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Cosmetics are always evolving, so along with new products, for the coming year, we can talk about real skincare trends that will guide the way we treat our skin.

2023 beauty trends according to Pinterest

Thanks to the preferences expressed by its users, Pinterest always manages to anticipate trends, which it encapsulates in the Pinterest Predicts report to foretell everything in the beauty world that will become quite desirable. For the beauty and wellness sector, the most popular searches are for scalp care to be given the same attention as facial skin. How? Through customized scalp therapy, which starts with massage and the application of specific products to re-oxygenate and exfoliate the area, which is also crucial for the well-being of hair. 2023 will be the year to practice liberating art that allows emotions to find their way to express themselves, such as expressive art, music therapy, therapeutic writing, and art journaling. This is a trend that will appeal especially to Millennials and Gen Z.

Skincare trends for 2023

Skinmalism: few products but good ones. What does the skin really need? In contrast to the Korean skincare routine that involves up to 11 steps and much layering of products, the skinmalism trend involves minimalist skincare with a few essential steps, natural ingredients, and environmentally sustainable formulas. A way not to overload the skin and avoid waste.

Pro-age: not new, but a growing trend. The approach to the passage of time as an evolution of one’s beauty and not to demonize aging, especially in social life. So the question to ask is not how can I rejuvenate but: how can I bring my years to their best?

Skinification: is the convergence of skincare and haircare through products suitable for face, scalp and hair care at the same time. This trend mirrors holistic self-care, an attention to oneself that does not leave out any part of the body. It was also discussed in the past about the fusion of skincare and make-up that together help achieve an authentic and natural idea of beauty, and at the same time simplify the beauty routine. Thanks to hybrid formulas that transform makeup bases into skincare-enriched skincare ingredients and vice versa with creams that become perfecters.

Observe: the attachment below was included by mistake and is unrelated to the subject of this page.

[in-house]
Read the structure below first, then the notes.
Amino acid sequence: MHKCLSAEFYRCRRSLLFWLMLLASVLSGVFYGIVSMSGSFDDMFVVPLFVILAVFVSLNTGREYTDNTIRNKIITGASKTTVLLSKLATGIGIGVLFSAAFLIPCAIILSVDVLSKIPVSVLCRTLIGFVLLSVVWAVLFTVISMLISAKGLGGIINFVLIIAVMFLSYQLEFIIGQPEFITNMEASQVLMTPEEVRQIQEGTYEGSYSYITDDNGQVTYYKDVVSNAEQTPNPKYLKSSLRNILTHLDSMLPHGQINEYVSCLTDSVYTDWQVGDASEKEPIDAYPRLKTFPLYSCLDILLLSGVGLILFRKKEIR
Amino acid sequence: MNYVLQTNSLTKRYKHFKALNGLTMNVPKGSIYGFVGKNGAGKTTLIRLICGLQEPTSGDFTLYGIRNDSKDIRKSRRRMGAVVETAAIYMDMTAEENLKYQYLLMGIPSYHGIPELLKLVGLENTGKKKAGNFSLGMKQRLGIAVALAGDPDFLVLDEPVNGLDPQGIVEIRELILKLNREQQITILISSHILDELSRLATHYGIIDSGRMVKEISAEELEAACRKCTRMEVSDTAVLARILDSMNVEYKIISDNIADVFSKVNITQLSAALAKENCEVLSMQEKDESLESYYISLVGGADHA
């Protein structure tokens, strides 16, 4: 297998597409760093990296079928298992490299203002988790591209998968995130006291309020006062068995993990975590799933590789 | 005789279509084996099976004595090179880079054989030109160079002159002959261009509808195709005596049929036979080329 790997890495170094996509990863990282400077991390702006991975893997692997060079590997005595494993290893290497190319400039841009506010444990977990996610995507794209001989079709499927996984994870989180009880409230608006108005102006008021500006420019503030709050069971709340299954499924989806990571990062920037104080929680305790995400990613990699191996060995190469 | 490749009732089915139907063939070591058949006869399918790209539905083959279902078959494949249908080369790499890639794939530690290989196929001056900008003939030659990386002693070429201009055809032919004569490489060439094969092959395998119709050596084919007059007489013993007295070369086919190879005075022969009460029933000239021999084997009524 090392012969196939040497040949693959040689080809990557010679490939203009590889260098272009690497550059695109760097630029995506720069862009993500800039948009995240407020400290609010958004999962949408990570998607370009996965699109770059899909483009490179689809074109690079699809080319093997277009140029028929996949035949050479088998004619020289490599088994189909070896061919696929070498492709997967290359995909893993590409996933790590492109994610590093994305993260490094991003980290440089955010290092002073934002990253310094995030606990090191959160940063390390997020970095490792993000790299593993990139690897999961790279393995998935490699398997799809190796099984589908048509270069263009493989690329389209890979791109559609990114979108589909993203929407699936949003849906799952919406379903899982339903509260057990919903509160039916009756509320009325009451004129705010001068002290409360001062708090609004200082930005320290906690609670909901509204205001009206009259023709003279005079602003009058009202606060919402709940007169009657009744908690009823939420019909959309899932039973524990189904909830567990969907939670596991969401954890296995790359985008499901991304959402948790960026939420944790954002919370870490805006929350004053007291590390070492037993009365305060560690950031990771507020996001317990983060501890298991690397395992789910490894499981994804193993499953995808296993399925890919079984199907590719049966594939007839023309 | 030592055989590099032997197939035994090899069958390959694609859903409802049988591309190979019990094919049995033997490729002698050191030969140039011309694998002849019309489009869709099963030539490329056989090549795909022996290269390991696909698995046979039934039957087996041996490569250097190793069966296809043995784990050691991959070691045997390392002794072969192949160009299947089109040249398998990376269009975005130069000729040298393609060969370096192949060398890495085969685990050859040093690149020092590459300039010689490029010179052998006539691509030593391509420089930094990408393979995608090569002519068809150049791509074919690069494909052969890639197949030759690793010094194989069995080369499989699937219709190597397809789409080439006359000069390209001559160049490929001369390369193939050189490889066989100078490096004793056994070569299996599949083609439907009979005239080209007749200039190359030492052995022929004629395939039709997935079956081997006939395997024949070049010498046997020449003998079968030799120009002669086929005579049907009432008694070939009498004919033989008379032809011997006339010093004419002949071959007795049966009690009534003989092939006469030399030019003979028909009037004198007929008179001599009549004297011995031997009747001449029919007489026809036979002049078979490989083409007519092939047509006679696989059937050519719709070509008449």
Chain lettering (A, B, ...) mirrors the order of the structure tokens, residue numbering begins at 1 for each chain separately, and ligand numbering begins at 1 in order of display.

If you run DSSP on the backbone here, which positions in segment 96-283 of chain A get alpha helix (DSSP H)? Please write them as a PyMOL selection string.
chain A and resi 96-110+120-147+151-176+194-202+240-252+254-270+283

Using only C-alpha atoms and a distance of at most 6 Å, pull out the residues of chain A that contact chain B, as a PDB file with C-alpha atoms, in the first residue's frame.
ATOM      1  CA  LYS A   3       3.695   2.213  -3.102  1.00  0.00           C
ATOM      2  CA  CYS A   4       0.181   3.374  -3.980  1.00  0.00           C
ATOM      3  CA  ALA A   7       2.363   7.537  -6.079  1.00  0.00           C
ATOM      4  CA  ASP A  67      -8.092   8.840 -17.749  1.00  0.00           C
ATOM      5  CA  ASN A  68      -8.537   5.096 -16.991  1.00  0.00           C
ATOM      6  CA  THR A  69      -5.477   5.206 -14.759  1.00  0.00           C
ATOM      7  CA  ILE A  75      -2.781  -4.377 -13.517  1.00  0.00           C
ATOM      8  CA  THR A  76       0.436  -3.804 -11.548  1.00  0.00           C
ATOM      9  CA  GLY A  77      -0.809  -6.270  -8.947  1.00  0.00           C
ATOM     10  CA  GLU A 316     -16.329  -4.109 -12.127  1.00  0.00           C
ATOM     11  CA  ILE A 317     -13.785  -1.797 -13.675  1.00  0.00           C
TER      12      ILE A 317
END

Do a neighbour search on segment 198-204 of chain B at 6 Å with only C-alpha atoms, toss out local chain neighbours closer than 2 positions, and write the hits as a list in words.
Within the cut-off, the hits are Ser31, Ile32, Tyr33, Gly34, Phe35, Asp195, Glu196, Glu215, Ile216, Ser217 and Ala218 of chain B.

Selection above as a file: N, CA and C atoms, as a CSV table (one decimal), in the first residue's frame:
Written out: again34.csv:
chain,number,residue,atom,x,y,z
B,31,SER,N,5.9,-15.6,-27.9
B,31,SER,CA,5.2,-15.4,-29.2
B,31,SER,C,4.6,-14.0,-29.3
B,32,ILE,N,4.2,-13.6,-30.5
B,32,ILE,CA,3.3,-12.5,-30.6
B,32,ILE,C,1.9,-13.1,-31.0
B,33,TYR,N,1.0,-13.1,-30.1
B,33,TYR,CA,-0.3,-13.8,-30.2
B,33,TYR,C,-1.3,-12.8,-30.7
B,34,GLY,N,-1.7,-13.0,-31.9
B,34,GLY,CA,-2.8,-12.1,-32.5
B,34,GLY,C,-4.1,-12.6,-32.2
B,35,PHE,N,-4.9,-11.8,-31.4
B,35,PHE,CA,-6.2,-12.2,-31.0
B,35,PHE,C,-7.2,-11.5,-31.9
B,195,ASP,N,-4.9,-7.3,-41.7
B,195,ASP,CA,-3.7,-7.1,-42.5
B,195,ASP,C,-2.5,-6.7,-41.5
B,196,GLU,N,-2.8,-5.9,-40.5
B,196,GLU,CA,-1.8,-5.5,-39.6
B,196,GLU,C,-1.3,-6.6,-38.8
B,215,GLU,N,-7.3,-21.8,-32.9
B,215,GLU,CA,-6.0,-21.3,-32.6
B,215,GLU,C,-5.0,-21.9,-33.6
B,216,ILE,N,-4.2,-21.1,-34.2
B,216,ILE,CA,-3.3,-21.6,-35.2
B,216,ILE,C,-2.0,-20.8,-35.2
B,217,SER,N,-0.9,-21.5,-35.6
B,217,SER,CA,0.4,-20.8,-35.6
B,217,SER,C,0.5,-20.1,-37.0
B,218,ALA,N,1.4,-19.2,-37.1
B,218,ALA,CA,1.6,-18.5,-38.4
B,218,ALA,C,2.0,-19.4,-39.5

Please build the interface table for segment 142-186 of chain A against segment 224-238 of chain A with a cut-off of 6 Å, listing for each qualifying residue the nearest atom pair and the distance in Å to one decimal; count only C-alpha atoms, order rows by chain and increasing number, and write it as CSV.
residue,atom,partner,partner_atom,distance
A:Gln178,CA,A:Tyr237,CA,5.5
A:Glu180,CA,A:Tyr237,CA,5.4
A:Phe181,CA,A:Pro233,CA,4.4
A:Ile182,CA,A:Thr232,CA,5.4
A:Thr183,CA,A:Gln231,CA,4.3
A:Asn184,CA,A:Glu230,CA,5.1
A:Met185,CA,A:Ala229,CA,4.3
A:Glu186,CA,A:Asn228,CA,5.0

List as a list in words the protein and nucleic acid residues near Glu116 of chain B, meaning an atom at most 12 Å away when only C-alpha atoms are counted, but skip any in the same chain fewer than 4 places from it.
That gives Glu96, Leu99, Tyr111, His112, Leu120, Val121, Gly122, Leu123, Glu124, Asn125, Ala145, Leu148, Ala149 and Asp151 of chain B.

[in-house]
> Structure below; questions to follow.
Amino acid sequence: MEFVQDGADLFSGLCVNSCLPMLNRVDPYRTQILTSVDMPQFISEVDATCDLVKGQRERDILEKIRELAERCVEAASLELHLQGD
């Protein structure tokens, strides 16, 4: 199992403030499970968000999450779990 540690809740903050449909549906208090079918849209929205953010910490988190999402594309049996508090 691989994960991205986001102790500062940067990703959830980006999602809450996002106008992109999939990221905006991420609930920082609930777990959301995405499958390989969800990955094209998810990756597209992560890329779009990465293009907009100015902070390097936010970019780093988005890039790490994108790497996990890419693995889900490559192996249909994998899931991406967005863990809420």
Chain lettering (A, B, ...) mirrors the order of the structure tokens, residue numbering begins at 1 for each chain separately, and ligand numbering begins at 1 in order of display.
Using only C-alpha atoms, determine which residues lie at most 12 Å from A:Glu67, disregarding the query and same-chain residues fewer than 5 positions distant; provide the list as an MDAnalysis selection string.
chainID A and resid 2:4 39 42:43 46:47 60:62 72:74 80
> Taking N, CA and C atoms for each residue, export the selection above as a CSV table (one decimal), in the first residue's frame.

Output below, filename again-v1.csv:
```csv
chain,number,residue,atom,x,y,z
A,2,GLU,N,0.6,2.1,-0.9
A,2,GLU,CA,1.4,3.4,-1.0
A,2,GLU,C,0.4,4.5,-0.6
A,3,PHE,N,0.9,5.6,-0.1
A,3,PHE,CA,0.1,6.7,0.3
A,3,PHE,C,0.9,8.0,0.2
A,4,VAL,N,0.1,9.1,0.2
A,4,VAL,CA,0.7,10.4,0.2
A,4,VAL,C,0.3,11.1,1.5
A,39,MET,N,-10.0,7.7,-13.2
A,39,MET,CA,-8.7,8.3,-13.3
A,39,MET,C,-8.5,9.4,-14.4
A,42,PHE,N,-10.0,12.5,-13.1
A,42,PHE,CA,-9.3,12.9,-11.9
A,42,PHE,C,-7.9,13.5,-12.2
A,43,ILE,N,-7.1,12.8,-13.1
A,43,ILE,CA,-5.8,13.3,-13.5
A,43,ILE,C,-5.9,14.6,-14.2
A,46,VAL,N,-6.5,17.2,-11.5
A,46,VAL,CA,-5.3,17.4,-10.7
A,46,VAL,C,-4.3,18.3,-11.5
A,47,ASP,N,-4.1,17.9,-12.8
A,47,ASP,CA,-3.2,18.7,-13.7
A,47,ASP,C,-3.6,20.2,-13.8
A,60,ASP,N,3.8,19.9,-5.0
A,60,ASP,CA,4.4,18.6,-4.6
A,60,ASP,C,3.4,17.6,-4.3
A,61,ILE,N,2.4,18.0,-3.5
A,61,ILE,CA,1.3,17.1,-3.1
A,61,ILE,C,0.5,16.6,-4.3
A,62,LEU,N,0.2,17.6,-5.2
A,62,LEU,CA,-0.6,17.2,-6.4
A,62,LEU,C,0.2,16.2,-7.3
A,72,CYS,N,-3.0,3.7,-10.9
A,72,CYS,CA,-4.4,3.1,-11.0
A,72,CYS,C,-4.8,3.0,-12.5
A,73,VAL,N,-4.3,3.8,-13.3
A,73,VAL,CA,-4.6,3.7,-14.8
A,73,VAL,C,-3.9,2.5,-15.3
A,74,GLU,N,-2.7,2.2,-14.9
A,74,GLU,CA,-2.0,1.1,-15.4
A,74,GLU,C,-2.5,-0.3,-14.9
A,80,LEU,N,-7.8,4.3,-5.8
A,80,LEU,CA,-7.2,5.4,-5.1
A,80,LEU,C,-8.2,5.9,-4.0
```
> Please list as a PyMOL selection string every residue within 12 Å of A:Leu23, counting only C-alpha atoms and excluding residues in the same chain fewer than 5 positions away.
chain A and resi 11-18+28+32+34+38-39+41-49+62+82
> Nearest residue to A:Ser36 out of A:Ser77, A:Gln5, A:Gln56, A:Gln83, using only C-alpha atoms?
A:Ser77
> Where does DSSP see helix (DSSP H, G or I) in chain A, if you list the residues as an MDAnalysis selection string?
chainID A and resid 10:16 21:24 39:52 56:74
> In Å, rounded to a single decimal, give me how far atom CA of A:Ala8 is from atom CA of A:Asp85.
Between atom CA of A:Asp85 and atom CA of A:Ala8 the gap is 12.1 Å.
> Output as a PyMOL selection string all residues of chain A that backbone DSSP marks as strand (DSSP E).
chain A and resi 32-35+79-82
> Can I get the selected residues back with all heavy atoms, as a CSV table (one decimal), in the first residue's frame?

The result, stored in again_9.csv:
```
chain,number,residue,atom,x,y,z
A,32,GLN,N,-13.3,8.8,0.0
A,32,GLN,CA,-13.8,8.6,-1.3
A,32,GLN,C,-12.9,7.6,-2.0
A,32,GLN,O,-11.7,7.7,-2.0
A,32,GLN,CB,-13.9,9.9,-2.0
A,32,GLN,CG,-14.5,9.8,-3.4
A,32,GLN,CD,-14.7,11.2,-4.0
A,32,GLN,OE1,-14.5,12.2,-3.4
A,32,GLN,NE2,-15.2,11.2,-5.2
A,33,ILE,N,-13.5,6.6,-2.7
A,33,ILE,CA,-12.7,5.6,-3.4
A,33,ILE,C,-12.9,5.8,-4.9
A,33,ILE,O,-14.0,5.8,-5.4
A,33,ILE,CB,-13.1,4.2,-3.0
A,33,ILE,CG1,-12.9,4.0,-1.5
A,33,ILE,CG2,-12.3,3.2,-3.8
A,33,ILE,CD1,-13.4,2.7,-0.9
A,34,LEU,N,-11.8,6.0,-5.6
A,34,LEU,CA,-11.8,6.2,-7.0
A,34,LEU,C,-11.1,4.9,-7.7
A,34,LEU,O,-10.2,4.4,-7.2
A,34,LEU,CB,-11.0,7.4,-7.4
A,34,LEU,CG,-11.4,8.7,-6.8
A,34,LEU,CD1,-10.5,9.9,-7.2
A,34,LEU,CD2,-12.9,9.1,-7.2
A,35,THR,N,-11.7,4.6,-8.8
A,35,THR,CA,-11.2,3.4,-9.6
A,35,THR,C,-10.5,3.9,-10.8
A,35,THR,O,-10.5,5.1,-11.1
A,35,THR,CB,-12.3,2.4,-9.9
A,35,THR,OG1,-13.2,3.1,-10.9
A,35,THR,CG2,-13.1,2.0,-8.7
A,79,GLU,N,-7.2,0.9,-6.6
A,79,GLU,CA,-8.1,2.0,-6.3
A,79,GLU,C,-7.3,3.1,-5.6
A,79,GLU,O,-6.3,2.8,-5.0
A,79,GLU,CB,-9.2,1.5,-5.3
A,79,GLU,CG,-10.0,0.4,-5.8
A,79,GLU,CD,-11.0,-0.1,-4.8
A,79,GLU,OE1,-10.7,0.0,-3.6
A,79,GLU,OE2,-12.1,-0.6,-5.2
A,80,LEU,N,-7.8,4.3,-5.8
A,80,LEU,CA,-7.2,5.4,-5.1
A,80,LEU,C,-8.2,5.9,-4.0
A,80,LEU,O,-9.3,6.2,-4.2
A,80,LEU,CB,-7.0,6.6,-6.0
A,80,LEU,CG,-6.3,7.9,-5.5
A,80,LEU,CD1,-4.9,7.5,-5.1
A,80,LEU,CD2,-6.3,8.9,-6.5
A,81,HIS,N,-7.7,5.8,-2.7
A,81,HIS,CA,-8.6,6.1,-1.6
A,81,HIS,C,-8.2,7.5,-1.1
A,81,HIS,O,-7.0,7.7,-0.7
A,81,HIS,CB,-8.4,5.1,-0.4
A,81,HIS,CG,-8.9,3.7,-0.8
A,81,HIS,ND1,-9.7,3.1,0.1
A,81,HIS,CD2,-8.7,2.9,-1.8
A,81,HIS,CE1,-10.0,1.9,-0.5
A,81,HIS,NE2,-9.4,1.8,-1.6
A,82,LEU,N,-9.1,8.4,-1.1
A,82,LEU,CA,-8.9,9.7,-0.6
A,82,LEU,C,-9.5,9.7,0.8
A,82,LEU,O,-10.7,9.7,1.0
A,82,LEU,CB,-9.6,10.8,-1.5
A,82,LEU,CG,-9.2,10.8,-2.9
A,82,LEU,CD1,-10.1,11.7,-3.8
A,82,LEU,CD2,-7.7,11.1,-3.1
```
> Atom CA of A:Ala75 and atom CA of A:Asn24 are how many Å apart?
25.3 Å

Cleanical Skincare: a word derived from clean + clinical, meaning skincare that combines environmentally and skin-clean formulas with a medical background, putting science at the service of cosmetics, thus ensuring high-performance solutions and truly visible results on the skin. Biotechnology, scientific innovation, and dermatology together make facial cosmetics more functional.

Skincare with a gentle approach. Facial care is increasingly focused on skin barrier repair and hydration. There is much more awareness of what the skin needs to stay healthy, especially to maintain its optimal balance, treating it with soft methods and gentle formulas. Many active ingredients, in fact, such as retinol, exfoliating acids, or vitamin C can weaken the skin if used too much. The skin barrier and ingredients such as ceramides and probiotics will increasingly take center stage.

Regeneration. This approach starts with the knowledge that skin knows and is a self-sustaining resource; you just need to know how to best support it. Have a skincare routine with gentle products enriched with botanical ingredients that stimulate all its functions and fit into maintaining its perfect balance, and in aesthetic medicine through treatments that focus on skin regeneration rather than fillers. In fact, regeneration stimulates the production of collagen and elastin, producing an endogenous improvement with a much more authentic effect.

The ingredient you won’t be able to live without: according to Beauty Pie’s annual report, chebula has risen to the top of skincare trends predicted for 2023, with an increase of more than 922 percent in Google searches. Yet few people really know about this active ingredient that comes from Ayurvedic rituals. Chebula comes from a tree called Terminalia chebula that grows mainly in Southeast Asia, Tibet, and India. It is there that it has built a solid reputation, used for millennia in Ayurvedic medicine. After being boiled and dried, this small green nut takes on a brown hue and is often consumed in powder form. Chebula, also known as haritaki, meaning “king of medicine,” has detoxifying and antioxidant benefits and boosts the body’s regeneration. It is found in powder form to be taken as a supplement, but some cosmetics brands have begun to include this anti-aging active ingredient in the composition of their products.

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